Edgar Allan Poe's The Cask of Amontillado and Joy C. Oates' Where Are You Going Where Have You Been

Edgar Allan Poe's The Cask of Amontillado and Joy C. Oates' Where Are You Going Where Have You Been

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People who are unaware of their situations and don’t question anything are easily lured in by their foes who use their weaknesses to cause their downfall. The main character in “Where Are You Going, Where Have You Been”, is drawn in from her need to rebel against her family, only to find herself in an unfortunate situation she could not control. In Edgar Allen Poe’s, “The Cask of Amontillado”, the main character lures his foe in for revenge, choosing to murder him in secret instead using legal channels and giving no evidence to the outside world that his foe is dead. Arnold Friend and Montresor lure their victims to them in a similar way: by pretending to be friendly and succeeding in leading to their down fall by using their weaknesses (men for Connie and wine for Fortunato) against them.
Connie, from “Where Are You Going, Where Have You Been”, wants to rebel against her family. She uses her attractiveness to flirt with boys at the local restaurant behind their backs as a form of rebellion. She feels as though her family does not appreciate her; her father does not pay any attention to her and her mother constantly compares her to her sister, criticizing her every move and asking why she cares so much about her appearance. On one of her outings she sees a boy who she vainly chooses to ignore. Later he shows up at her house posing as her friend, calling himself Arnold Friend, and talking to her as though he is another boy she flirts with down at the diner and pretending to be her age. She subtly flirts with him at first, only realizing the danger when it is too late.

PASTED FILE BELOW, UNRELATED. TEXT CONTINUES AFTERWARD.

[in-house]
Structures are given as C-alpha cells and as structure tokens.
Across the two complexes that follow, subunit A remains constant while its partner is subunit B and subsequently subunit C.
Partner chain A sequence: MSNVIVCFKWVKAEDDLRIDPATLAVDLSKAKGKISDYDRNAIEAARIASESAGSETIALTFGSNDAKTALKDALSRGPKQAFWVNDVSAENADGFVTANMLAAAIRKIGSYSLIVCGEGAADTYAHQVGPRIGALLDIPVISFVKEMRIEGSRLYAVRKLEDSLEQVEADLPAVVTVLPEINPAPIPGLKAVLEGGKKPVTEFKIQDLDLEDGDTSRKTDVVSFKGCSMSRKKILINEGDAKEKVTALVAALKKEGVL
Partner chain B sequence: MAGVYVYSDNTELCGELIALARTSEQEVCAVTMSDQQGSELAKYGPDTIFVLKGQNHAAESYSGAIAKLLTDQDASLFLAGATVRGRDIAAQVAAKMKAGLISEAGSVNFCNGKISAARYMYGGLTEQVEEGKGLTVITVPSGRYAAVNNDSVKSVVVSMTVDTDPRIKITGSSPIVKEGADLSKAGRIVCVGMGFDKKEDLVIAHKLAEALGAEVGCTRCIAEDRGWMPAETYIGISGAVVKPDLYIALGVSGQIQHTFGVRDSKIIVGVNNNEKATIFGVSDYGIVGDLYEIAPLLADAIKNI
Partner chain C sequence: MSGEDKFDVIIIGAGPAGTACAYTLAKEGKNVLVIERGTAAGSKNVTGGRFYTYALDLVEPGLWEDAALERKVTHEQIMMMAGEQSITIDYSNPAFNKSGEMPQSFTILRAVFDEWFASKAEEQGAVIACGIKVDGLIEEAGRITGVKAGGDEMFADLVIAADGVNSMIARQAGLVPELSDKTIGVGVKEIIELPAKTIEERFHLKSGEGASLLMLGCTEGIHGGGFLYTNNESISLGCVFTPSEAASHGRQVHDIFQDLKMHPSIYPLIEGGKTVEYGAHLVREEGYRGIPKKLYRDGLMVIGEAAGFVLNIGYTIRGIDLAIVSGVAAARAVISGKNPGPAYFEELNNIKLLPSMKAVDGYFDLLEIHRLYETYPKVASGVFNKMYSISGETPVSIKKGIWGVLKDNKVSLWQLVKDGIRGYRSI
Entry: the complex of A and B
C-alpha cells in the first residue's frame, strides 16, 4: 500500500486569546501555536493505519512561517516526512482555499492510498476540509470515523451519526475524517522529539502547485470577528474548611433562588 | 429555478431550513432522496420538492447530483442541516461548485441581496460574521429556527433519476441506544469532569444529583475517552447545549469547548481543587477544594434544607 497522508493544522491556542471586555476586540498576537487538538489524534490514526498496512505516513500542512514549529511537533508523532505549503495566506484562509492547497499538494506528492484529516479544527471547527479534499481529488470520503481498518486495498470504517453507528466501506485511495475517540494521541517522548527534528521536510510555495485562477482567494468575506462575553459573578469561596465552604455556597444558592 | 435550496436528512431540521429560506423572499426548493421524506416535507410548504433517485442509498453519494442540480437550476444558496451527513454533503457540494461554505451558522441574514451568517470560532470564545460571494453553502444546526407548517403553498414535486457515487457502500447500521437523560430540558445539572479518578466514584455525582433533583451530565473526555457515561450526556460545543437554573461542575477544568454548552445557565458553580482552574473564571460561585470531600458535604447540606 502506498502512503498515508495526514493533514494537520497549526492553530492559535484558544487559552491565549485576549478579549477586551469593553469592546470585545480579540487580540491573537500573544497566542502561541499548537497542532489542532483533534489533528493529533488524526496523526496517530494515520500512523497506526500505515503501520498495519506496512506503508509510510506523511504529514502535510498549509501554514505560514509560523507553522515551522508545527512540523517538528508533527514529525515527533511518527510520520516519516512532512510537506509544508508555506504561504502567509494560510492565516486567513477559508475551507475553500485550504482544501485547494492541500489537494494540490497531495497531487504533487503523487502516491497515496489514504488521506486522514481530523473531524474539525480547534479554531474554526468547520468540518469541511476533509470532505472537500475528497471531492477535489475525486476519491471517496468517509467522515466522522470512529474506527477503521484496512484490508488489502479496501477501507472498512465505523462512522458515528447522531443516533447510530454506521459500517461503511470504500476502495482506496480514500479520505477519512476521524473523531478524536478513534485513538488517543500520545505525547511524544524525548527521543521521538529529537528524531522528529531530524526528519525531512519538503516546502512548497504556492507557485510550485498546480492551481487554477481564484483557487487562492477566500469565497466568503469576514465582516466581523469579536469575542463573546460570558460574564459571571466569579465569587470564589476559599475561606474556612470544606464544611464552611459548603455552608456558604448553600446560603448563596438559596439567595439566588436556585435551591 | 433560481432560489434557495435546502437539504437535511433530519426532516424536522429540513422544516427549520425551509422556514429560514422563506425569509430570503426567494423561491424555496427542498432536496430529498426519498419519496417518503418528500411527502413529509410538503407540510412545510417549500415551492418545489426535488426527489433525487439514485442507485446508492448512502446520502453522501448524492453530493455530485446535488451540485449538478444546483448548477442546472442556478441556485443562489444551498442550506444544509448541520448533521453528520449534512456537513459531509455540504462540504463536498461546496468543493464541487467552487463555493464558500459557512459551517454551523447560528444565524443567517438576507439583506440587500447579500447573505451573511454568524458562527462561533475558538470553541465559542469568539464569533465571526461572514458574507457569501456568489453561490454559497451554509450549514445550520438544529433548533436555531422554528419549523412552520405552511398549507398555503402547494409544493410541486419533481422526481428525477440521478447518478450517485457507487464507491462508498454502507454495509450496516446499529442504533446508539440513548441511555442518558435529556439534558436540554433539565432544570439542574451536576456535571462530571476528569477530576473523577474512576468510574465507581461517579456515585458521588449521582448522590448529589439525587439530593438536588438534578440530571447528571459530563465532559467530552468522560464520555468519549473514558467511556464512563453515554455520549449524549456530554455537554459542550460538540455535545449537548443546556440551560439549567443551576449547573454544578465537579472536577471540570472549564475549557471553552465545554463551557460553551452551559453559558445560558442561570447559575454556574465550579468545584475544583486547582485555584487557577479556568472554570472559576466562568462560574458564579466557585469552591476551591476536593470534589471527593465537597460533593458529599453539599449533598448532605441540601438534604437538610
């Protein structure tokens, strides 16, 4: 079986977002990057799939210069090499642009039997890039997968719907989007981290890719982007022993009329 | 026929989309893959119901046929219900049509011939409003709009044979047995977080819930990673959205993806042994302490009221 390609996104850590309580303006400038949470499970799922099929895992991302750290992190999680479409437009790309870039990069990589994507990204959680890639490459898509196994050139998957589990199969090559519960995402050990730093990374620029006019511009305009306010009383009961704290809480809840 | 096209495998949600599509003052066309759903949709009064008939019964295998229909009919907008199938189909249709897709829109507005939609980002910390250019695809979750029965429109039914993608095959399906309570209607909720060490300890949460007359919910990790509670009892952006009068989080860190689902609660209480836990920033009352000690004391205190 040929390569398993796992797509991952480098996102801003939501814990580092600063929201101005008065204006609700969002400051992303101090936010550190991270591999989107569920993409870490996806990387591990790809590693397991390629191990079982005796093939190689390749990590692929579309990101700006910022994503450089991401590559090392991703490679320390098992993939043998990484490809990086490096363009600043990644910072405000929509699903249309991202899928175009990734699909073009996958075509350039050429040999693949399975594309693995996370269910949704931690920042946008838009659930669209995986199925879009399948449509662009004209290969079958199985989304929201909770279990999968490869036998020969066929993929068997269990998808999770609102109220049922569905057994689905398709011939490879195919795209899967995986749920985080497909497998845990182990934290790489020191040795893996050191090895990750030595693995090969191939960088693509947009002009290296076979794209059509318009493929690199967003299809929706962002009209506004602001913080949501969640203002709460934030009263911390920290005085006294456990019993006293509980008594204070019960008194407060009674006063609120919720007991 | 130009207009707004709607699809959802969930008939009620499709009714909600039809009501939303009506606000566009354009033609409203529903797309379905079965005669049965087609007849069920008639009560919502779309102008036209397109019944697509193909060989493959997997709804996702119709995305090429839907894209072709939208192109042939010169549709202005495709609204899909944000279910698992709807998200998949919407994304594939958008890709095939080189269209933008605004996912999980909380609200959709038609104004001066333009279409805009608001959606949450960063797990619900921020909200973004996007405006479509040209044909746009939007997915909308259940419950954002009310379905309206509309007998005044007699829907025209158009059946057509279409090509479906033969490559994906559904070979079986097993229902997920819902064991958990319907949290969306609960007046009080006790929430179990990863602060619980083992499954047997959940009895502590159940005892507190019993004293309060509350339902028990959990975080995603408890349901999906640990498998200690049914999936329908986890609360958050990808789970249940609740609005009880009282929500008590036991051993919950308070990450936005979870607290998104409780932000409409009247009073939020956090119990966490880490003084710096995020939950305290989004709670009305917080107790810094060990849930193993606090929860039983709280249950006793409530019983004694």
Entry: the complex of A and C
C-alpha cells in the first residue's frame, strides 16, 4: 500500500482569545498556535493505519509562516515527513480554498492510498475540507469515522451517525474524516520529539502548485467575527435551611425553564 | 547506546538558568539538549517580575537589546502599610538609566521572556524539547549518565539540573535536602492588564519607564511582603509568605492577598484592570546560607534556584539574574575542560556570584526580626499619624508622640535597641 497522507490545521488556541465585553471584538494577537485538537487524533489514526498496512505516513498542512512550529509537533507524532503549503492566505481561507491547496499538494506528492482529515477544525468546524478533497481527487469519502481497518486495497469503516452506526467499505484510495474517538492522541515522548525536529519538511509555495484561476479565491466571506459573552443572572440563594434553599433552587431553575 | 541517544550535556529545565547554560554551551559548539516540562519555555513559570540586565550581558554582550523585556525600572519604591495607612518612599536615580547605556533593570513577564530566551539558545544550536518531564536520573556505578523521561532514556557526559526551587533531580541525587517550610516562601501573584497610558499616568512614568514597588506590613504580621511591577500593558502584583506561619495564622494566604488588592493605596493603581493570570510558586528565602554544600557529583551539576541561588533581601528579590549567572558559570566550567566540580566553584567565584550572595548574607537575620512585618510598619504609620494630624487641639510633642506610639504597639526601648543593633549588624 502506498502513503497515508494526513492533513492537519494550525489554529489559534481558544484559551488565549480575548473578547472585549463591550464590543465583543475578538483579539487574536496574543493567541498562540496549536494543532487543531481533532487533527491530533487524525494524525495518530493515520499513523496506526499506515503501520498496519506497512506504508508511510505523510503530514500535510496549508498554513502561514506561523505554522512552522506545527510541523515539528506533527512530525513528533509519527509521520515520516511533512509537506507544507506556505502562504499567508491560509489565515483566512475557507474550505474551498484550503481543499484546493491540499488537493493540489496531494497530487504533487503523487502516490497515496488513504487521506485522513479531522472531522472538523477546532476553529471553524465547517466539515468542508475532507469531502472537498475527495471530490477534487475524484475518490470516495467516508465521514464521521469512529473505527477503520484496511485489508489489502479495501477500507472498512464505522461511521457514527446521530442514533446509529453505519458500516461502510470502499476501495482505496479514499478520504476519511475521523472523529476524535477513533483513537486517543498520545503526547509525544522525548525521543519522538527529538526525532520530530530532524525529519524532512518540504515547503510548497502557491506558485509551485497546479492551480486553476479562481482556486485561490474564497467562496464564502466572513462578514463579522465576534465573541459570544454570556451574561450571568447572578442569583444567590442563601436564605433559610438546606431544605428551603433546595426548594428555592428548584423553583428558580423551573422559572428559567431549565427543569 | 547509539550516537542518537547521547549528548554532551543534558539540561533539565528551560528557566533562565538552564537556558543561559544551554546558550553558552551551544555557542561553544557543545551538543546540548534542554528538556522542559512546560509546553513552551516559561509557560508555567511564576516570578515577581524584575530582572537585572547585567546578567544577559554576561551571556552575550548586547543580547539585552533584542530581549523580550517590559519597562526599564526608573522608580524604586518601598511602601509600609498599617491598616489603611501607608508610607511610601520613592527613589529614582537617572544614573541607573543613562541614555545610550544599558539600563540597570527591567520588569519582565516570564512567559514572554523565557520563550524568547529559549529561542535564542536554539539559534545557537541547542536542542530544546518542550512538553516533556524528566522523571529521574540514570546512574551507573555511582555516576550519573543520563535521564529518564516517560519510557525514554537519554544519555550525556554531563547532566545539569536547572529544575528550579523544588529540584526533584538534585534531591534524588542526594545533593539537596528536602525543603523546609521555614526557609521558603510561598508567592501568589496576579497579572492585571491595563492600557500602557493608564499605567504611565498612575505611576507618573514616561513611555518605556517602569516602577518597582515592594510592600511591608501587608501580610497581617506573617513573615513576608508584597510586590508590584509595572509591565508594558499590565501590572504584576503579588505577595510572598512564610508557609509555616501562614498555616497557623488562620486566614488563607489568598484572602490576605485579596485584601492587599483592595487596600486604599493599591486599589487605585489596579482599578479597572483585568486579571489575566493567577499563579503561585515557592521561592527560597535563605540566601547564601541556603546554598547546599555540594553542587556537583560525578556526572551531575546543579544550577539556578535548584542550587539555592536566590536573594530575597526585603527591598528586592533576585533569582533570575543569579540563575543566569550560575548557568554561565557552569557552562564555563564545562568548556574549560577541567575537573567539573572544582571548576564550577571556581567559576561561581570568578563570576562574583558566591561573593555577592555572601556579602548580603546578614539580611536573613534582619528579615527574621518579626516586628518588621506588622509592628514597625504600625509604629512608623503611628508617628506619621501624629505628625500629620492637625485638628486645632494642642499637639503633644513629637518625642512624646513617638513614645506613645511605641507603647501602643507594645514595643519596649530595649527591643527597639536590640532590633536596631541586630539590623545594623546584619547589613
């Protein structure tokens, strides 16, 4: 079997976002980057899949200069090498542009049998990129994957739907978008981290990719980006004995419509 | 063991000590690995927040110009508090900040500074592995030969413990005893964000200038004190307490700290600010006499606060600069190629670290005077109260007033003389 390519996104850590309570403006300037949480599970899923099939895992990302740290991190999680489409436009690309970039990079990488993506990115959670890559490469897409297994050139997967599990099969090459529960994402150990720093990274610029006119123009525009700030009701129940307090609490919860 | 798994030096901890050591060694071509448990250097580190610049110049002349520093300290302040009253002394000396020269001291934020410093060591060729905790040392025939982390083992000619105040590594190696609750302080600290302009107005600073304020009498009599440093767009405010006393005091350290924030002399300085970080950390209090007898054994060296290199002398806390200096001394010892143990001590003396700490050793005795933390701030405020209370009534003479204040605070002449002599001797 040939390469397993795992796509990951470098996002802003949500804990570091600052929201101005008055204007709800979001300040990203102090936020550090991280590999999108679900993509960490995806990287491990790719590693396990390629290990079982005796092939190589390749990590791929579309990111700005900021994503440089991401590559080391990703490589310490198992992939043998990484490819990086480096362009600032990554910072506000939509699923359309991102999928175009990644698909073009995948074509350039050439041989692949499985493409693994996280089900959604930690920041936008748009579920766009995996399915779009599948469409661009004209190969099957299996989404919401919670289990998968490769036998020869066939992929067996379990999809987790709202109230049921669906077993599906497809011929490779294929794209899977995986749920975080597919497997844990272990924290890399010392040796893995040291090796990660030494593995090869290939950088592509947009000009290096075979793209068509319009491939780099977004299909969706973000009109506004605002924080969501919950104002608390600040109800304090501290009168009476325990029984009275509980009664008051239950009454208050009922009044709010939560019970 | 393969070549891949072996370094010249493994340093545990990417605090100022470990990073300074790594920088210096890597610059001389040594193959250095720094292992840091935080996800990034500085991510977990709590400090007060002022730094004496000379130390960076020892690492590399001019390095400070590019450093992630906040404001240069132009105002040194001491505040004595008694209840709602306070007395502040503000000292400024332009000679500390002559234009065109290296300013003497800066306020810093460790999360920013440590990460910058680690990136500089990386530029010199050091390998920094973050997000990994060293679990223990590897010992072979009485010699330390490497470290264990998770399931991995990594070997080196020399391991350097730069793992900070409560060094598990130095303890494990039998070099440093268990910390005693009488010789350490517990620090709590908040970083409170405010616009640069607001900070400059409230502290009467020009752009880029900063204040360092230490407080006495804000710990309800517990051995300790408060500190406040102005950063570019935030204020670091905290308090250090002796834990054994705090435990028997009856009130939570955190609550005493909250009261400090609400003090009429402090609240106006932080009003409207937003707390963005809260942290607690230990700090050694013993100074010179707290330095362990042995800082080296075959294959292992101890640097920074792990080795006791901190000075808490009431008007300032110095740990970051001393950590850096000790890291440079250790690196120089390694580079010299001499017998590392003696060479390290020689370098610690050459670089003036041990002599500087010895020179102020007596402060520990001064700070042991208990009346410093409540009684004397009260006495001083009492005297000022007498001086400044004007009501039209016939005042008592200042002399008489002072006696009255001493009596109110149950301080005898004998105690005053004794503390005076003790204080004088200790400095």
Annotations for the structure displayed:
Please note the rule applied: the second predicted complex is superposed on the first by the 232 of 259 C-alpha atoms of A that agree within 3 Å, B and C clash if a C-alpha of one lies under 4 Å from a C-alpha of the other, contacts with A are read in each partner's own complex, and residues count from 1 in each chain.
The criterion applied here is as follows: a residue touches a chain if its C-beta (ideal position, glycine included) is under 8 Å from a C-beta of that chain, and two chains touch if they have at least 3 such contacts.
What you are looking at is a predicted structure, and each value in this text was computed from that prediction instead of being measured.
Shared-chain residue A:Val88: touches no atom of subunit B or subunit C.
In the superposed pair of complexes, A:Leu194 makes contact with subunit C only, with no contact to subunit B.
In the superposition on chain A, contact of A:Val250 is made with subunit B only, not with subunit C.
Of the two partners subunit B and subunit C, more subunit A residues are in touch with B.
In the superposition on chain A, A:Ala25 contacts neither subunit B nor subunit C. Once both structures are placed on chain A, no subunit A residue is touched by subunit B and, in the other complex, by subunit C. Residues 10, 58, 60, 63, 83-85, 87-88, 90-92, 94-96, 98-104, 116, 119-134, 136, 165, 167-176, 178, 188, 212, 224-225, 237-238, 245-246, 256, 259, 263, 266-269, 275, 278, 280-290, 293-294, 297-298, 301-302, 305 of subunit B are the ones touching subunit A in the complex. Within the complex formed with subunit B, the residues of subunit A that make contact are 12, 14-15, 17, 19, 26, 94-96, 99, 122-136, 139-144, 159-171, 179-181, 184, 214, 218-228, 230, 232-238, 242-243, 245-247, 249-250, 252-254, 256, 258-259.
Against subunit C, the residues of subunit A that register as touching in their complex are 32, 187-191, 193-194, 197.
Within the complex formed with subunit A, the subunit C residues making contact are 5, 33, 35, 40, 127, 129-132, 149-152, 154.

Montresor, fifty years after it happened, is confessing to the murder of his foe, Fortunato. He justifies his actions by saying that Fortunato caused him a thous...


... middle of paper ...


... men. Each of the characters were easily brought down by their weaknesses.
In the end Connie and Fortunato were brought down as a direct result of their weaknesses, their unwillingness to question their situations, and failure to see the signs of what was to come for them. If they could have been aware of what was coming for them instead of submitting to their weaknesses, their situations could have been completely different and it might not have lead to their downfalls.


Works Cited

Oates, Joyce C. "Where Are You Going, Where Have You Been"" N.p., n.d. Web. 20 Apr. 2014. .
Poe, Edgar A. "Short Stories: The Cask of Amontillado by Edgar Allan Poe." Short Stories: The Cask of Amontillado by Edgar Allan Poe. N.p., n.d. Web. 20 Apr. 2014. .

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